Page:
Wednesday, July 11, 2018

Interview with S.P. Oldham, author of Hag’s Breath

Today on the Speculative Fiction Showcase, we are delighted to interview S.P. Oldham, author of Hag's Breath, Wakeful Children and the Mindless Trilogy - and more!

You describe yourself as a writer of Horror and Dark Fiction. What does that mean to you?

There is a difference between the two. Horror can be visceral and graphic without having any supernatural reference whatsoever. It can be bloody, brutal and shocking. Dark Fiction on the other hand, describes stories with a definite shadowy, supernatural feel that may also have a horror element, but not necessarily graphically so. Sometimes, the implied is more unsettling, more horrifying, than the blatant. I think it is fair to say that I write in both genres, though more often in Dark Fiction.

You have written the first two books in the Mindless zombie trilogy, and two collections of short stories, Hag's Breath: A Collection of Witchcraft and Wickedness, and Wakeful Children: A Collection of Horror and Supernatural Tales. Do you prefer writing short fiction or does the novel format suit you better?

Honest answer, I have no preference. I enjoy writing short stories very much and often have ideas that are well suited to that medium, but I also enjoy writing longer, novel length stories too. Some plotlines and inspirations better lend themselves to one or the other – I just go with what feels right for that story.

Tell us a little about Hag’s Breath. You say in your blurb that the witches you write about are “not quite what you have known before.” What does that mean?

This is based on a quote from a review kindly left by a reader, who said “If you think these are your standard black dress black cat witches you'd be mistaken...these witches take their roles very seriously, each one completely unique in their appearance, abilities and desires…”
I think when one thinks of witches, one thinks of the pointy hat, warty nose and broomstick witches of our childhoods. In part that is true of this collection: we do see a pointy hat and broomstick or two. Beyond that however, these witches are far from stereotypical. Many of them are beautiful, outside at least. There is an affinity with nature and a tyranny over it; a coven that meets for dinner parties, where guests forget their manners; a medieval witch who turns to her natural calling in her hour of desperate need and a young girl who discovers one summer that friendship is not all that it at first seems. These witches are from a variety of backgrounds, in a mix of settings and with their own peculiar specialities.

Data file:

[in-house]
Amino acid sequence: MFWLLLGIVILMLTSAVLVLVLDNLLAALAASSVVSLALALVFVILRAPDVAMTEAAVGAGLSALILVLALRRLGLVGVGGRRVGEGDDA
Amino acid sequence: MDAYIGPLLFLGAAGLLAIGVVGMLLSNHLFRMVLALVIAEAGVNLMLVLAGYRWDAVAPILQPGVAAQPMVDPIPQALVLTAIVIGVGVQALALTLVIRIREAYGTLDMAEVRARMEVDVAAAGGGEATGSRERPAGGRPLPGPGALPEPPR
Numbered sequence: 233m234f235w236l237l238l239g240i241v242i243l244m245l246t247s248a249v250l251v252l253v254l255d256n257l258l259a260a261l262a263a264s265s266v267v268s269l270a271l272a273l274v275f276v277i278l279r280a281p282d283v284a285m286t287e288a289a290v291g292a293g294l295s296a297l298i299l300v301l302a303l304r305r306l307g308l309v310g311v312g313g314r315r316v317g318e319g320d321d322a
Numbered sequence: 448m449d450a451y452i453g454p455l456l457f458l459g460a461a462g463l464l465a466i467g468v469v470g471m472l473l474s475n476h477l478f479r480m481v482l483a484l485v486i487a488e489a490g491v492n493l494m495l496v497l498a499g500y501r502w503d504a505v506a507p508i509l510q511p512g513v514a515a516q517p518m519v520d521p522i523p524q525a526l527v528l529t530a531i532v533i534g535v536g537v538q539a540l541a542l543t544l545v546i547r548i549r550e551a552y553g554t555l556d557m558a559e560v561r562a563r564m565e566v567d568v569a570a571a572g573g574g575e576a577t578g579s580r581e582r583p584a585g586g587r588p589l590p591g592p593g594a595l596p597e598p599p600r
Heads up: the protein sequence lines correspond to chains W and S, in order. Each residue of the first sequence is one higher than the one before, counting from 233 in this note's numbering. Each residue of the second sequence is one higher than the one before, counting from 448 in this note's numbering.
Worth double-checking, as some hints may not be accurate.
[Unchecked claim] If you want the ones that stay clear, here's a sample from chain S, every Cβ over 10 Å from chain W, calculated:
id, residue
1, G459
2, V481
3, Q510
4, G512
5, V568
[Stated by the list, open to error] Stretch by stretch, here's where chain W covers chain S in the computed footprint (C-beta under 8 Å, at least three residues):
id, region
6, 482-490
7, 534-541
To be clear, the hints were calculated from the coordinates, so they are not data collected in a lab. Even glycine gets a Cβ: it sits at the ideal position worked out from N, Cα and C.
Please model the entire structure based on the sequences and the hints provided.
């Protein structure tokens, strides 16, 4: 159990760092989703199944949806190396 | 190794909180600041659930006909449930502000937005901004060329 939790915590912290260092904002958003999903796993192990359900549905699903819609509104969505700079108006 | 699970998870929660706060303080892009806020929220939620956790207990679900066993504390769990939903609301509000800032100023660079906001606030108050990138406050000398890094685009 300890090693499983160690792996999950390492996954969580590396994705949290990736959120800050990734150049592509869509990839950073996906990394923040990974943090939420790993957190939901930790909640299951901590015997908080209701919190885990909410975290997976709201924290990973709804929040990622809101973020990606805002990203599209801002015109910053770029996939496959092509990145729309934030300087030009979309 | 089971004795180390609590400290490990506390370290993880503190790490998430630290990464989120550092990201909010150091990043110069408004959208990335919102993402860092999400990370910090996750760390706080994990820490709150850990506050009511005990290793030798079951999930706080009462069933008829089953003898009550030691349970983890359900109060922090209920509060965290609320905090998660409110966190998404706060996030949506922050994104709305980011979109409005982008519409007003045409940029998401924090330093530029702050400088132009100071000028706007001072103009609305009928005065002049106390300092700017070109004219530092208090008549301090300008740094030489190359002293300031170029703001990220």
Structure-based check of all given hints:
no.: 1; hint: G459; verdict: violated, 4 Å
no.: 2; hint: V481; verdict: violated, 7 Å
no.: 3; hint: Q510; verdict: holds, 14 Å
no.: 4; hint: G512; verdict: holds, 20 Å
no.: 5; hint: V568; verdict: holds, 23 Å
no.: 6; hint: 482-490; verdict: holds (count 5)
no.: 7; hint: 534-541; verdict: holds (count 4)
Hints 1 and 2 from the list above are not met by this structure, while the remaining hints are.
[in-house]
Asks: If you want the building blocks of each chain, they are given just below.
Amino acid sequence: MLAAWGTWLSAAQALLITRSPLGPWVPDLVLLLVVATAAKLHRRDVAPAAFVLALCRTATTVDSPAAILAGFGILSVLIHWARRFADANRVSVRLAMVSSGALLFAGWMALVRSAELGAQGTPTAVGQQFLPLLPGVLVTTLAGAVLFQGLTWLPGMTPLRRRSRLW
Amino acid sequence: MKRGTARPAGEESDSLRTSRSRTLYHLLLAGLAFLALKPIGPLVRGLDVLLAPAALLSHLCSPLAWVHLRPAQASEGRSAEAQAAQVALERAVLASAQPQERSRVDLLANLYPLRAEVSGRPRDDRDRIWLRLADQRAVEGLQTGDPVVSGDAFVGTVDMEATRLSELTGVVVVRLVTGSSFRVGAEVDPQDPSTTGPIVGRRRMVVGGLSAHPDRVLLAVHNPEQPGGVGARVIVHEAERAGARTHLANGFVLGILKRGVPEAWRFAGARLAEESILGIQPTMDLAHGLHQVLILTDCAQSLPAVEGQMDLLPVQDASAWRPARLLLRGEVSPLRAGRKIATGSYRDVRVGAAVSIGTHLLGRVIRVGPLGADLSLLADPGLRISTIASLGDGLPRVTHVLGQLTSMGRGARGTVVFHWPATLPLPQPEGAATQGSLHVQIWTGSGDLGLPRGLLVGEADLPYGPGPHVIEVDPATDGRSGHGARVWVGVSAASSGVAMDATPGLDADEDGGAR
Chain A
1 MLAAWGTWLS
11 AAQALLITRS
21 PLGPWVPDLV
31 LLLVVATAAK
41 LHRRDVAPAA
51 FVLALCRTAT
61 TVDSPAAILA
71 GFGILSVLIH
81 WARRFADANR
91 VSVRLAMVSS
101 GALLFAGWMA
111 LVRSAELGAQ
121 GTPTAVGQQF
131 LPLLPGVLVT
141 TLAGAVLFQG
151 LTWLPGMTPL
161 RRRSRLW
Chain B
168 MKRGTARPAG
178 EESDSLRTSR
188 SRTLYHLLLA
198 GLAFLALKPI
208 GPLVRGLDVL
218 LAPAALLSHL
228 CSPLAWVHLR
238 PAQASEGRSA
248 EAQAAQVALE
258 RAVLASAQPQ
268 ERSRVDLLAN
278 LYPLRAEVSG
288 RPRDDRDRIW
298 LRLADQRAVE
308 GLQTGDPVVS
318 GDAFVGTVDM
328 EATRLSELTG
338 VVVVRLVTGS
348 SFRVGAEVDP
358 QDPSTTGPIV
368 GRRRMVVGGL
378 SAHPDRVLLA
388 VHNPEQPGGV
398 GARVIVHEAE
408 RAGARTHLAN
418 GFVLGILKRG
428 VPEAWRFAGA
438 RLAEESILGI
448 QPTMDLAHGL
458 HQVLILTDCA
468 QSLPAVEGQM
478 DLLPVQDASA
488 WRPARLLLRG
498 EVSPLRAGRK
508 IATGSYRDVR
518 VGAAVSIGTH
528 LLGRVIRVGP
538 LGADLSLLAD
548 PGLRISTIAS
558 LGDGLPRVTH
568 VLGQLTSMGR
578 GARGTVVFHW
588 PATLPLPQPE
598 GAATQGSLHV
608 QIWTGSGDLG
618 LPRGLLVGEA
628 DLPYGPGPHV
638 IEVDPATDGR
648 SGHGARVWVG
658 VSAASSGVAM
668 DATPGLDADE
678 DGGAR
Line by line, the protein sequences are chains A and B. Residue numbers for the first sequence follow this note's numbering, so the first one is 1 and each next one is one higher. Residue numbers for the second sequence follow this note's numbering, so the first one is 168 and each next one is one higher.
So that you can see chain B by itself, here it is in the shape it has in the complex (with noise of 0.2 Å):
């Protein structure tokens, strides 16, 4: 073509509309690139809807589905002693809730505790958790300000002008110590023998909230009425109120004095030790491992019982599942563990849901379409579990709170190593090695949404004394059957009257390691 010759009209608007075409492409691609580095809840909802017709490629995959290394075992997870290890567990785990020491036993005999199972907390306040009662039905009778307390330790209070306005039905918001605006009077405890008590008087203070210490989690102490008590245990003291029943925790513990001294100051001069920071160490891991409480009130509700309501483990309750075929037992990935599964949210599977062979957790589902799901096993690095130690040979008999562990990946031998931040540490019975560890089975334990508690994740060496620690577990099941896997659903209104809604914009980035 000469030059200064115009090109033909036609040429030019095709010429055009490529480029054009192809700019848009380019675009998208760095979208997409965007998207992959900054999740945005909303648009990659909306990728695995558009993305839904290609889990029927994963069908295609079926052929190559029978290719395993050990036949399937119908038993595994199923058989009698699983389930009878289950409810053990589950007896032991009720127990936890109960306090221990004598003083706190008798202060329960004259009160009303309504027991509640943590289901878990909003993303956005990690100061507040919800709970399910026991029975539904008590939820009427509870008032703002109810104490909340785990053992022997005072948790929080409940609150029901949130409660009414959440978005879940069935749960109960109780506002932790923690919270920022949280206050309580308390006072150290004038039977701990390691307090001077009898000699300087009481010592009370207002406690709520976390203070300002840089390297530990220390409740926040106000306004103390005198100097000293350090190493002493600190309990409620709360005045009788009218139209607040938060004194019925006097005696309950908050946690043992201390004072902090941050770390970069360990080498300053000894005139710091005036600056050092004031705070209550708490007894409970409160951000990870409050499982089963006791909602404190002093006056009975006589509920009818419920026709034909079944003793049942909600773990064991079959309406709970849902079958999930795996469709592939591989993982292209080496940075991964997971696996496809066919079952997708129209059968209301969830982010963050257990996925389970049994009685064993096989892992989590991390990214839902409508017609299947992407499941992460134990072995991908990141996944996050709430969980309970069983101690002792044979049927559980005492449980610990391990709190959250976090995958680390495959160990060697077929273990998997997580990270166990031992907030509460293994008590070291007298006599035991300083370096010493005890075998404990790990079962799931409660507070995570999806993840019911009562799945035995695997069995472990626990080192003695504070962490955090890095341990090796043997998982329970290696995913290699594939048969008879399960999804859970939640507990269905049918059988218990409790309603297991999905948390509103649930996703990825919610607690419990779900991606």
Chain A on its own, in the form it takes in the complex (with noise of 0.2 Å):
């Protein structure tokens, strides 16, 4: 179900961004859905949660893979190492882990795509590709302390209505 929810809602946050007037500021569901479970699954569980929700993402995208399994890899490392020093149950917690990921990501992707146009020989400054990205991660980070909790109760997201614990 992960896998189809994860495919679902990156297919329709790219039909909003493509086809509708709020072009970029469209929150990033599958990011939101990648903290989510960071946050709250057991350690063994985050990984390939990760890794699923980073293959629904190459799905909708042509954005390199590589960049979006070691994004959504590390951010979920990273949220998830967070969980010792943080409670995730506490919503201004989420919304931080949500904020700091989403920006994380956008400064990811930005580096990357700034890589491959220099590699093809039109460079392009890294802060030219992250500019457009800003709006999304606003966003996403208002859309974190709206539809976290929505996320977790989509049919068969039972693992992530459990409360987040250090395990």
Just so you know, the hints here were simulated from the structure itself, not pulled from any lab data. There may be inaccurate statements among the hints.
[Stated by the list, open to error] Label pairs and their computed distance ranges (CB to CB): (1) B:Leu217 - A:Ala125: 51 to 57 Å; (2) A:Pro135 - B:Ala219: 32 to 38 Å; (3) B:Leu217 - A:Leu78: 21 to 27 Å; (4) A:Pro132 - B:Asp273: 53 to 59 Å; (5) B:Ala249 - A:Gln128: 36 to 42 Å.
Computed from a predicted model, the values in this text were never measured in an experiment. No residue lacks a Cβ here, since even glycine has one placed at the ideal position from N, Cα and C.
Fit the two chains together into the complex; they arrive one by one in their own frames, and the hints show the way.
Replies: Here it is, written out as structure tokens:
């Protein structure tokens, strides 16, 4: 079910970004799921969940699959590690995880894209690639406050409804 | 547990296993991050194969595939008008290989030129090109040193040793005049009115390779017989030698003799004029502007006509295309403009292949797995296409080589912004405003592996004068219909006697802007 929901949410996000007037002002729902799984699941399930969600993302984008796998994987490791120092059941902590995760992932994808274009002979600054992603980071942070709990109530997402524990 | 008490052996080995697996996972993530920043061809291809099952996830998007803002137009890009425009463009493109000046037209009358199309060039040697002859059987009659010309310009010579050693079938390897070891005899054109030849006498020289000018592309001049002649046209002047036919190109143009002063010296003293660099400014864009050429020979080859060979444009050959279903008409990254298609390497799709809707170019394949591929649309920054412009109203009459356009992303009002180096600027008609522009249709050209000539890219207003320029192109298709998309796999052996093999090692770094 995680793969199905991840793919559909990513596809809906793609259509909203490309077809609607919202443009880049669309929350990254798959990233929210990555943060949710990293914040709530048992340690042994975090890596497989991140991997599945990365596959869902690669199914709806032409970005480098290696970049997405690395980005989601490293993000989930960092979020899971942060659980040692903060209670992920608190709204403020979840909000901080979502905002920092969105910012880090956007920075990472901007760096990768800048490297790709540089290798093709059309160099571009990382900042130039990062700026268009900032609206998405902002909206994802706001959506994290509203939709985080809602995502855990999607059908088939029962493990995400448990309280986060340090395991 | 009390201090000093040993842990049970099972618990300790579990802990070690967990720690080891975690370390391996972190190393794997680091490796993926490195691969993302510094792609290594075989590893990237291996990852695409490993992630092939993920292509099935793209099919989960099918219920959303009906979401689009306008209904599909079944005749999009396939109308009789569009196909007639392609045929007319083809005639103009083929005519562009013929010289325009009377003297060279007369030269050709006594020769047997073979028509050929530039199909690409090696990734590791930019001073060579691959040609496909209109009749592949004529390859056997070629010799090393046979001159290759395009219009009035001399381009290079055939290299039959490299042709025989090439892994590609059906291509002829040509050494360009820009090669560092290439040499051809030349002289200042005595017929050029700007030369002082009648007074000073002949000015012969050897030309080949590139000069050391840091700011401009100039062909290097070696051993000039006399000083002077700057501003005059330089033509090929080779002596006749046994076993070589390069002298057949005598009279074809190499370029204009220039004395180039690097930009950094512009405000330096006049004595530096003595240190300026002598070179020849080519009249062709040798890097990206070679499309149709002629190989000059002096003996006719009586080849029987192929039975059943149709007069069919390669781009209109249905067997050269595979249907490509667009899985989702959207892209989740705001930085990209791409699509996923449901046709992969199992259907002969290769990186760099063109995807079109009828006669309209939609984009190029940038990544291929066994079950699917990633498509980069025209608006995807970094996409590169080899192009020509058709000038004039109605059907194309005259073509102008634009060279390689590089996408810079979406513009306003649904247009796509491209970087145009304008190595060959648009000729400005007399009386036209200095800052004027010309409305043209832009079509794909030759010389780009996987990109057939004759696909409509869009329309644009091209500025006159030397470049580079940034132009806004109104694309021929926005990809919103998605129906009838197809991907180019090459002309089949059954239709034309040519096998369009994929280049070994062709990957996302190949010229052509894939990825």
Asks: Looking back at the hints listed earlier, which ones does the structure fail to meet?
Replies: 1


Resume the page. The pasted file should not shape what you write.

Do you have any favourite - or detested - literary witches? What about film versions such as Maleficent or the Wicked Witch of the West?

As a young child, the witch in Snow White and the Seven Dwarves was the epitome of wickedness to me! To my young mind, that was exactly as a witch was meant to be. The Wicked Witch of the West always struck me as shrill and somewhat annoying – now that was an ending well deserved! Maleficent – a totally different proposition. A definite pagan, folklore feel to her which is somehow more powerful and compelling than mere magic. Even in the Disney version she was a more forceful and sinister presence.
I love the contradiction of witches: how they are essentially elemental creatures with a power over nature, yet often act as aberrations of the same. White Witches excepted, of course…

You describe Wakeful Children as a collection of Horror and Supernatural Tales. Do you have any favourite ghost or horror story writers, past or present?

I am sorry to be so unoriginal in my answer to this, but my favourite horror writer is Stephen King. Not only does he have the knack of imbuing his work with at the very least an unsettling sense of unease, if not outright horror (I always think of Rose Madder, not one of King’s own personal favourites) but he is a great story teller and an expert at creating believable, if not always likeable, characters. Of course, the great Charles Dickens was very adept at writing suspenseful, atmospheric ghost stories. I have recently been introduced to Sheridan le Fanu, the Victorian gothic writer, and I am looking forward to reading his work.

Horror as a genre seems to be undergoing a renaissance - why do you think that is?

I am not sure.  Perhaps it is because horror is a way of mirroring the ugly realities of life and the world today, of examining it and our reactions to it, whilst remaining safe from it; we hope. Perhaps it is a way of challenging ourselves to face up to such things, testing to see how much we can withstand before we hide away screaming. It could also be that there is a willingness to accept now that there is some genuine talent out there in the genre; writers and authors of ability and flair, whose work can be openly enjoyed. I don’t know but I suspect that the horror genre may have suffered from the same snobbery as romance for a while, in that it was a widely held view that it ‘wasn’t real literature.’  There are good and bad examples of ALL forms of writing. No genre should be snubbed as a whole because of that.

Have you heard of the Folk Horror Revival and if so, what do you think of it?